Some had wheels that turned, but these had to be pushed or pulled. Some of the early 19th-century drive toy rails were made of tinplate, such as the big, durable, stylized locomotive toys in the U.S., that were painted gold and red and decorated with hearts and flowers. train model sizes
Around 1875, technological improvements in materials and manufacturing enabled tin to be stamped, cut, wrapped, and lithographed faster than ever before.
Toy trains were altered when Märklin, a German company that specialized in doll house accessories, sought to create an equivalent toy for boys where a continuous revenue stream could be ensured by purchasing add-on accessories for years after the initial purchase. In addition to boxed sets comprising a train and track, Märklin offered additional track, rolling stock, and buildings offered separately, creating the predecessor to the modern model train layout featuring scenery and buildings along with an operating train.
Electric trains followed, with the first appearing in 1897, made from the U.S. firm Carlisle & Finch. As home use of electricity became more prevalent in the early 20th century, electrical trains gained popularity and as time went on, these electrical trains grew in sophistication, gaining lighting, the ability to change direction, to emit a whistling noise, to smoke, to remotely couple and uncouple cars as well as load and unload cargo. Toy trains from the first half of the 20th century were frequently made of lithographed tin; afterwards trains were frequently made mainly of plastic.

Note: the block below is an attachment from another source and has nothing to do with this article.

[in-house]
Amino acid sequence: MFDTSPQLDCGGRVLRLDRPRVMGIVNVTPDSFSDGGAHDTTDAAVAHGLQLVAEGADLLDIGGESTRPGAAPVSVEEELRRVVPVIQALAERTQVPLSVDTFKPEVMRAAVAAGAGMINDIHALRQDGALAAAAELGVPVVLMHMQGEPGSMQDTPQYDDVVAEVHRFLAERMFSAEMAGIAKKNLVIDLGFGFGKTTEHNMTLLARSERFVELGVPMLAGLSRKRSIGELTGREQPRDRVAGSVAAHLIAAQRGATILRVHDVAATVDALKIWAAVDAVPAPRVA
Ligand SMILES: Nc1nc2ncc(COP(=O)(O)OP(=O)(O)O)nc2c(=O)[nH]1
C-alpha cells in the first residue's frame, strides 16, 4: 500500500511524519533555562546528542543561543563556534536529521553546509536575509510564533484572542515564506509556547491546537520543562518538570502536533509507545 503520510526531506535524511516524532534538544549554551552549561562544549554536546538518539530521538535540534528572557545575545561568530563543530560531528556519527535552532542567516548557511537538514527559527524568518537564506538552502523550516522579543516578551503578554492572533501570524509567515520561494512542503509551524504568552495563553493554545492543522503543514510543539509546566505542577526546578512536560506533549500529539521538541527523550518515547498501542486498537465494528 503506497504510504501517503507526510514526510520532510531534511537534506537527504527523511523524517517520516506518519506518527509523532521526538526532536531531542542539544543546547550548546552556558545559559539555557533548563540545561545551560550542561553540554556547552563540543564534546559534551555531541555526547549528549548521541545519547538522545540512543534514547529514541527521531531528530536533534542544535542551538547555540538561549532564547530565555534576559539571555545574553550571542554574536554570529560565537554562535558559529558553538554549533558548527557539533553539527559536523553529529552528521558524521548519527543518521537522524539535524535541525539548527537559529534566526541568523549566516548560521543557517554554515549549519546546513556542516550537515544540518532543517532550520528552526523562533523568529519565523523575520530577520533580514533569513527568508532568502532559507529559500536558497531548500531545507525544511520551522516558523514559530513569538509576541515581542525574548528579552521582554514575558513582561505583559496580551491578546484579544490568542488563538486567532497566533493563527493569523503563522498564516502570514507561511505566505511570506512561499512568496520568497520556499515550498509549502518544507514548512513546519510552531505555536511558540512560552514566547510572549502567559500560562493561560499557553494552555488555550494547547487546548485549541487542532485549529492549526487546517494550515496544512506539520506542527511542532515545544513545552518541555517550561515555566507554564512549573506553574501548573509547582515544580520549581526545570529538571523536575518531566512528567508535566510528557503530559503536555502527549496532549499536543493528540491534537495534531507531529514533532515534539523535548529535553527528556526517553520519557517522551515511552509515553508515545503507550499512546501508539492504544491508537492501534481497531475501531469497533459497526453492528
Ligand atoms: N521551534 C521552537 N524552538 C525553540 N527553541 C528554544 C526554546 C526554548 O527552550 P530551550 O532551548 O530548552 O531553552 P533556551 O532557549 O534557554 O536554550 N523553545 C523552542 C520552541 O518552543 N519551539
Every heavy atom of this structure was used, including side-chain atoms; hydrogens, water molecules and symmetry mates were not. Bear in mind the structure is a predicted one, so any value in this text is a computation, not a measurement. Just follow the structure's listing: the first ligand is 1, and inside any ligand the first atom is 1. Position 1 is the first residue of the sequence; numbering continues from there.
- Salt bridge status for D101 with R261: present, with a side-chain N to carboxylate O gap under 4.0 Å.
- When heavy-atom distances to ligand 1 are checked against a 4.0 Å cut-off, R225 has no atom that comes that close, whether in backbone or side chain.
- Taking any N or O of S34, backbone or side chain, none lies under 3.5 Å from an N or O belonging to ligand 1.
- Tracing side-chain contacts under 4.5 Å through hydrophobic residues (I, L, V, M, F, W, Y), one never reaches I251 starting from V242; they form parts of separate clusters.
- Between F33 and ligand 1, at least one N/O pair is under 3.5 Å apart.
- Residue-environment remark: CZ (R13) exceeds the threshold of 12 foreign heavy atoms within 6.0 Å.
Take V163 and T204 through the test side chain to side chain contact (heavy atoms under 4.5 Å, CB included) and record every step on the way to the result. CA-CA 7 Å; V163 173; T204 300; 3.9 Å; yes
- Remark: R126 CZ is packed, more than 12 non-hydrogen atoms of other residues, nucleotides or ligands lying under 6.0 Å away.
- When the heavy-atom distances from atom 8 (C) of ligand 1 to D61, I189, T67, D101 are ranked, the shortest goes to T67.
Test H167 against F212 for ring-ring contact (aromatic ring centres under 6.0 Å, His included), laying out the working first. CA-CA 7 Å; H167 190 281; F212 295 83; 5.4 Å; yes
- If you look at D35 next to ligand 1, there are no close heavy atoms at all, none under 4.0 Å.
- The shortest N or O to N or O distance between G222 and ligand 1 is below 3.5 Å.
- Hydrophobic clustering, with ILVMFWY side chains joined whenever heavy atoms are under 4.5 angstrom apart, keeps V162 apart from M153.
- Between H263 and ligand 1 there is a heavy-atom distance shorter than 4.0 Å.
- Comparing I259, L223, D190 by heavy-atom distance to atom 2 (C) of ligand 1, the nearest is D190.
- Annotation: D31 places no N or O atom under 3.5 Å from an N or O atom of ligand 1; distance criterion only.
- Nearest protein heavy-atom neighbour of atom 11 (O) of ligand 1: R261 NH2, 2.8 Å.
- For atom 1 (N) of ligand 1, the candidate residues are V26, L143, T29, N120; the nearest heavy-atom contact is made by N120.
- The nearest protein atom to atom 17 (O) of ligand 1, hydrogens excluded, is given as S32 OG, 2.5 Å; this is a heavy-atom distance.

Pull toys and wind-up trains were marketed towards kids, while electrical trains were marketed towards teens, especially teenaged boys. Consumer interest in trains as toys waned in the late 1950s, but has undergone resurgence since the late 1990s due in large part to the popularity of Thomas the Tank Engine.
Today, S gauge and O gauge railroads are still considered toy trains even by their adherents and are often accessorized with semi-scale model buildings by Plasticville or K-Line (who owns the rights to the Plasticville-like buildings produced by Marx in the 1950s to the 1970s). However, due to their high cost, one is more inclined to locate an HO scale or N scale train set in a toy store than a O scale collection.
Many modern electric toy trains contain sophisticated electronic equipment which exude digitized sound effects and allow the operator to securely and easily run multiple remote controller trains on a single loop of track. In the last few decades, many toy train operators will operate a train with a TV camera at the front part of the engine and hooked up to a screen, such as pc monitor. This will show a picture, like that of a genuine (smaller size) railroad.
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